Italy’s Bonds Slump as Polls Show Nation Rejecting Renzi Vote

Updated on
  • Latest survey shows slight majority voting against reforms
  • Nation’s debt is worst performer in euro area in past month

Italy’s bonds were the worst performers among their euro-area peers in the past month as polls increasingly signaled a constitutional referendum may be rejected by voters, threatening to destabilize the government.

Italian 10-year debt yields climbed earlier to the highest level since June as a survey showed that a majority of respondents would vote against constitutional reforms led by Prime Minister Matteo Renzi. In the referendum scheduled Dec. 4, 39 percent of Italian voters would likely vote “No” and 35 percent would support it, according to a Demos & Pi poll for la Repubblica, published Oct. 30.

Only two of the 26 polls conducted this month signaled Renzi would win the vote, which is aimed at streamlining the government that’s already struggling to shore up the nation’s economy and banking sector.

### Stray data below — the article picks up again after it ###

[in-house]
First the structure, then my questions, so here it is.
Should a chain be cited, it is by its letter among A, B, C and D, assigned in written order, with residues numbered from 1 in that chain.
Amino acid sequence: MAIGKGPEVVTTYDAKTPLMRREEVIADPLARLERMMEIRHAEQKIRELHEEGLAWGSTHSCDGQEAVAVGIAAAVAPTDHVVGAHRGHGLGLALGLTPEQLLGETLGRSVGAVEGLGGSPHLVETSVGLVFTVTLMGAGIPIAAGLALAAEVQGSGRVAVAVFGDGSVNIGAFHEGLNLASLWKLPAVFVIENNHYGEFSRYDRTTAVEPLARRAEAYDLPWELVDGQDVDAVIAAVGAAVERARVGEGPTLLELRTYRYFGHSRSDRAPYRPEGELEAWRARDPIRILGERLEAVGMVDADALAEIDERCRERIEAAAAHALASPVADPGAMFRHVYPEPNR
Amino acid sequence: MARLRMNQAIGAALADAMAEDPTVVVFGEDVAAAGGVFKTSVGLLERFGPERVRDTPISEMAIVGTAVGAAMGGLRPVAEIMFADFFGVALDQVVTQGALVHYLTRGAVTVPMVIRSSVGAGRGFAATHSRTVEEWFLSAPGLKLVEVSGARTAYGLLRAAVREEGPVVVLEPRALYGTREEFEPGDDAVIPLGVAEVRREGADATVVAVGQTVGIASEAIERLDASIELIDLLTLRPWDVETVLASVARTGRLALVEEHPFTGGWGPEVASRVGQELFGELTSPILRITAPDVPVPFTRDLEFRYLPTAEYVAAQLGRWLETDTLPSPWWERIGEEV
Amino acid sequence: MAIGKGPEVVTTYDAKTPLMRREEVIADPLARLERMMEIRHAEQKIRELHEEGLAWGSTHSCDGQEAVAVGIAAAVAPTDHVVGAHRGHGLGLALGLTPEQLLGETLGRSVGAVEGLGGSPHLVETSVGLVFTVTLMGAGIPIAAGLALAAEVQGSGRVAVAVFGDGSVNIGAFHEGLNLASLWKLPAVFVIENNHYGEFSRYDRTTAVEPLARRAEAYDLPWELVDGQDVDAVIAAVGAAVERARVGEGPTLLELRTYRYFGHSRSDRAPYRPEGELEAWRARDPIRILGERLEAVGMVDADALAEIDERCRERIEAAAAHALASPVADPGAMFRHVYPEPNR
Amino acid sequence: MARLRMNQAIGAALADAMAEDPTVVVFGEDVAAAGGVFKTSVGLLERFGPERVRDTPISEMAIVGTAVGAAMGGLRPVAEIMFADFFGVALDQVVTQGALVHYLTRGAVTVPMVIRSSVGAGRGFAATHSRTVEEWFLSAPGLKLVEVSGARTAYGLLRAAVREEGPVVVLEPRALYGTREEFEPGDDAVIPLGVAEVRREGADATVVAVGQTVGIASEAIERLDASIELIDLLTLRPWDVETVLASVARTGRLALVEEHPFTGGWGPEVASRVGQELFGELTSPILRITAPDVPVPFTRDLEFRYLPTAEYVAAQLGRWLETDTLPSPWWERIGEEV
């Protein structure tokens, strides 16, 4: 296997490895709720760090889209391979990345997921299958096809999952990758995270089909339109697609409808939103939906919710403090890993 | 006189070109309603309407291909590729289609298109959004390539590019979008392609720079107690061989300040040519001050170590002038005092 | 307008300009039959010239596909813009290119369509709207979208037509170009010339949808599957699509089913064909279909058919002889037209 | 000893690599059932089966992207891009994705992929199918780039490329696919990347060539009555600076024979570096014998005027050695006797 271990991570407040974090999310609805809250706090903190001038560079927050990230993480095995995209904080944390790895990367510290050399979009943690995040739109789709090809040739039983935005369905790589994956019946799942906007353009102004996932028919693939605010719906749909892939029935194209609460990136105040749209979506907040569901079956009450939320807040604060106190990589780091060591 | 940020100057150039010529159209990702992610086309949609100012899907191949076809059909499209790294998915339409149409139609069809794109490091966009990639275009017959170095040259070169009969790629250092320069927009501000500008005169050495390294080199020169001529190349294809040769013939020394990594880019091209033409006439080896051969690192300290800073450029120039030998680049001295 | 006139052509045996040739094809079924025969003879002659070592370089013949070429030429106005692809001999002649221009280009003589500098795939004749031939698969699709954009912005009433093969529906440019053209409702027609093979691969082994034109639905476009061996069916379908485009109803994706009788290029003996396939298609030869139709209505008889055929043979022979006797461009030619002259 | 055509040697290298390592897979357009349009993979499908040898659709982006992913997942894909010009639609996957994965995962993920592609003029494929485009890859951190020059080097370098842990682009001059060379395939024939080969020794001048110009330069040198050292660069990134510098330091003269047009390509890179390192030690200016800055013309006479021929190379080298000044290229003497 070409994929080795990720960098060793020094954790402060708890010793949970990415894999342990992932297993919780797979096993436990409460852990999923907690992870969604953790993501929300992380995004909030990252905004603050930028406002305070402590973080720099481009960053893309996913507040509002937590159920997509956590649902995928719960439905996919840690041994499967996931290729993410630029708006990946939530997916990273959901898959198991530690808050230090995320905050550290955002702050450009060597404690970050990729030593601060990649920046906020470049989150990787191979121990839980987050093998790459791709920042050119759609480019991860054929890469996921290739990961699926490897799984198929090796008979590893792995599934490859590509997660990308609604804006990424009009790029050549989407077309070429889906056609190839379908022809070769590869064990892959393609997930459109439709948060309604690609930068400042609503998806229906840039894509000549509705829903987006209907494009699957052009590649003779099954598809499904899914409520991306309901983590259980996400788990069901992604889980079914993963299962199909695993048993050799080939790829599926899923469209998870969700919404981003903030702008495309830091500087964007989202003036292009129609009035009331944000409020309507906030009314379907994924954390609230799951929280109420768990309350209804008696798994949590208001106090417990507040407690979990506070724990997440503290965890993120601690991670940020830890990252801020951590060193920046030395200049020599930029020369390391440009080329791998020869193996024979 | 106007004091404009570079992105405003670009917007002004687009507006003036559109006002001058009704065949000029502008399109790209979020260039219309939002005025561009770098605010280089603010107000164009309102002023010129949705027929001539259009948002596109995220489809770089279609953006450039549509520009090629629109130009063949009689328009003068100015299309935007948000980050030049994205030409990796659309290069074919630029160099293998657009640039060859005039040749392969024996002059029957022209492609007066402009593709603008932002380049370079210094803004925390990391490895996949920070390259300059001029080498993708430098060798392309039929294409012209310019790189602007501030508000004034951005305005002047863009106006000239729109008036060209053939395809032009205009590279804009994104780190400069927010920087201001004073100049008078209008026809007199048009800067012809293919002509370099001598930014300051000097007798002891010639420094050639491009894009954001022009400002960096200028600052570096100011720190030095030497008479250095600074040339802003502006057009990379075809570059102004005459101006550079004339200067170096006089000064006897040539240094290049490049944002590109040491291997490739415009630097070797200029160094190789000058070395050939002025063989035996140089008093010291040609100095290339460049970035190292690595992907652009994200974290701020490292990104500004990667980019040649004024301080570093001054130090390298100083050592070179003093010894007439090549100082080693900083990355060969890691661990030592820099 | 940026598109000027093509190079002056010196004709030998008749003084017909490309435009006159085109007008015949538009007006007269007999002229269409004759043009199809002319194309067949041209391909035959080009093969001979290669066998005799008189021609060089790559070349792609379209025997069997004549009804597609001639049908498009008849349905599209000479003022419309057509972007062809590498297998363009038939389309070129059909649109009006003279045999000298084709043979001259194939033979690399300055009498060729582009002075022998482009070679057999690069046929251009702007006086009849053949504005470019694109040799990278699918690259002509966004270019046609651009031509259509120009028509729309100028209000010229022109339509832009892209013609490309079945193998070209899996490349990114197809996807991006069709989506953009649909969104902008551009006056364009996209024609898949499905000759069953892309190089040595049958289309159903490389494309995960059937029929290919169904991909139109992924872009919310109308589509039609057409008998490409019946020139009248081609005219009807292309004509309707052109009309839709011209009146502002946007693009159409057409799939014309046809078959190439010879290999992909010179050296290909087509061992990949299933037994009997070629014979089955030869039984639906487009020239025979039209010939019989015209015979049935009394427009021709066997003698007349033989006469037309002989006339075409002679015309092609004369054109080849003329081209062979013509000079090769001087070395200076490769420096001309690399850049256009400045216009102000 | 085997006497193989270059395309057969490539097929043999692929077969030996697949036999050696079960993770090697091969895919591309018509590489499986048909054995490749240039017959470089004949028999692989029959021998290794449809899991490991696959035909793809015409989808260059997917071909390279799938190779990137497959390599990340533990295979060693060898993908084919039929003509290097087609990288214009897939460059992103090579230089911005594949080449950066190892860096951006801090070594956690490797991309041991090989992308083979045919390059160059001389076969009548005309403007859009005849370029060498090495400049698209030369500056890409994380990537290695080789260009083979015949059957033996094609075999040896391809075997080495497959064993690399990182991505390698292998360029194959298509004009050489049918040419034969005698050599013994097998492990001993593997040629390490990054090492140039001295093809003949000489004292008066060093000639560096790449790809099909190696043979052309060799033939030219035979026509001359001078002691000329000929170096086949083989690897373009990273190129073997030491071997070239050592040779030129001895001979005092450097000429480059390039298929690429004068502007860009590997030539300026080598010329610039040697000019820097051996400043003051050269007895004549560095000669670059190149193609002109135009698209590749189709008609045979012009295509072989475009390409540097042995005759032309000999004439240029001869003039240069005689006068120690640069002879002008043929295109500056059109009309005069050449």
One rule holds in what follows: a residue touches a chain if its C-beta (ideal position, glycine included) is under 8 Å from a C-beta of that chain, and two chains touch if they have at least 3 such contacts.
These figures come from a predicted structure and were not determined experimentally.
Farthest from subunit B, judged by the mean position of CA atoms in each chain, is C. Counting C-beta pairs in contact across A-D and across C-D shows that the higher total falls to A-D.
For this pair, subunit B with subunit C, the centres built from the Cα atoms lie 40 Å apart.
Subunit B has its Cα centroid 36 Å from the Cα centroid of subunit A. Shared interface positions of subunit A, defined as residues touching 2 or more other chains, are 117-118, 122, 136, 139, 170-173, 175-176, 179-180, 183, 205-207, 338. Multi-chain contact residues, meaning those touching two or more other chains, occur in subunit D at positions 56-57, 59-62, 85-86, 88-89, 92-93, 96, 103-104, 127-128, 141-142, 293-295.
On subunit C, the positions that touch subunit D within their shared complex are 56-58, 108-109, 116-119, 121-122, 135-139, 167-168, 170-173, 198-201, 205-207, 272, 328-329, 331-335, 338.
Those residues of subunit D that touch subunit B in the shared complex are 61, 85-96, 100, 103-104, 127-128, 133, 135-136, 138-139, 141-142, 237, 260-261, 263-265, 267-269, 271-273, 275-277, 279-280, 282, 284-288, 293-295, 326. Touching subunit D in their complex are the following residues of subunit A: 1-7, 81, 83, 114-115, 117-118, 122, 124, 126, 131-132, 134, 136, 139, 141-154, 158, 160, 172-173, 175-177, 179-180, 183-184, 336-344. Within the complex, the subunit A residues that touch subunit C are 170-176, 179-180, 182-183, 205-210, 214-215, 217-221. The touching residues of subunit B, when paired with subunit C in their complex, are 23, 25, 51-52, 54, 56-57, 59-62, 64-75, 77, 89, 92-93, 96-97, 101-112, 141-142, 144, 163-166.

Holders of Italian debt lost 2.8 percent in the past month through Friday, the worst performance in the euro region, according to Bloomberg World Bond Indexes.

“Uncertainty around Renzi’s ability to get the reform through” is weighing on Italian debt, said Matthew Cairns, a strategist at Rabobank International in London. “Aside from the significant push-back he faces across opposition parties, Renzi is also contending with internal party challenges.”

Markets would “welcome Renzi’s success at shaking up the constitution” as it’s currently seen as a “major roadblock for implementing much-needed structural reform within the Italian economy,” Cairns said.

The yield on Italian 10-year bonds rose two basis points, or 0.02 percentage point, to 1.68 percent as of 4:35 p.m. London time, having earlier risen to 1.70 percent, the highest since June 24. The 1.25 percent security due in December 2026 fell 0.21, or 2.10 euros per 1,000-euro face amount, to 96.10.

Benchmark German 10-year bund yields were little changed at 0.16 percent, while those on similar-maturity Spanish debt declined two basis points to 1.21 percent.

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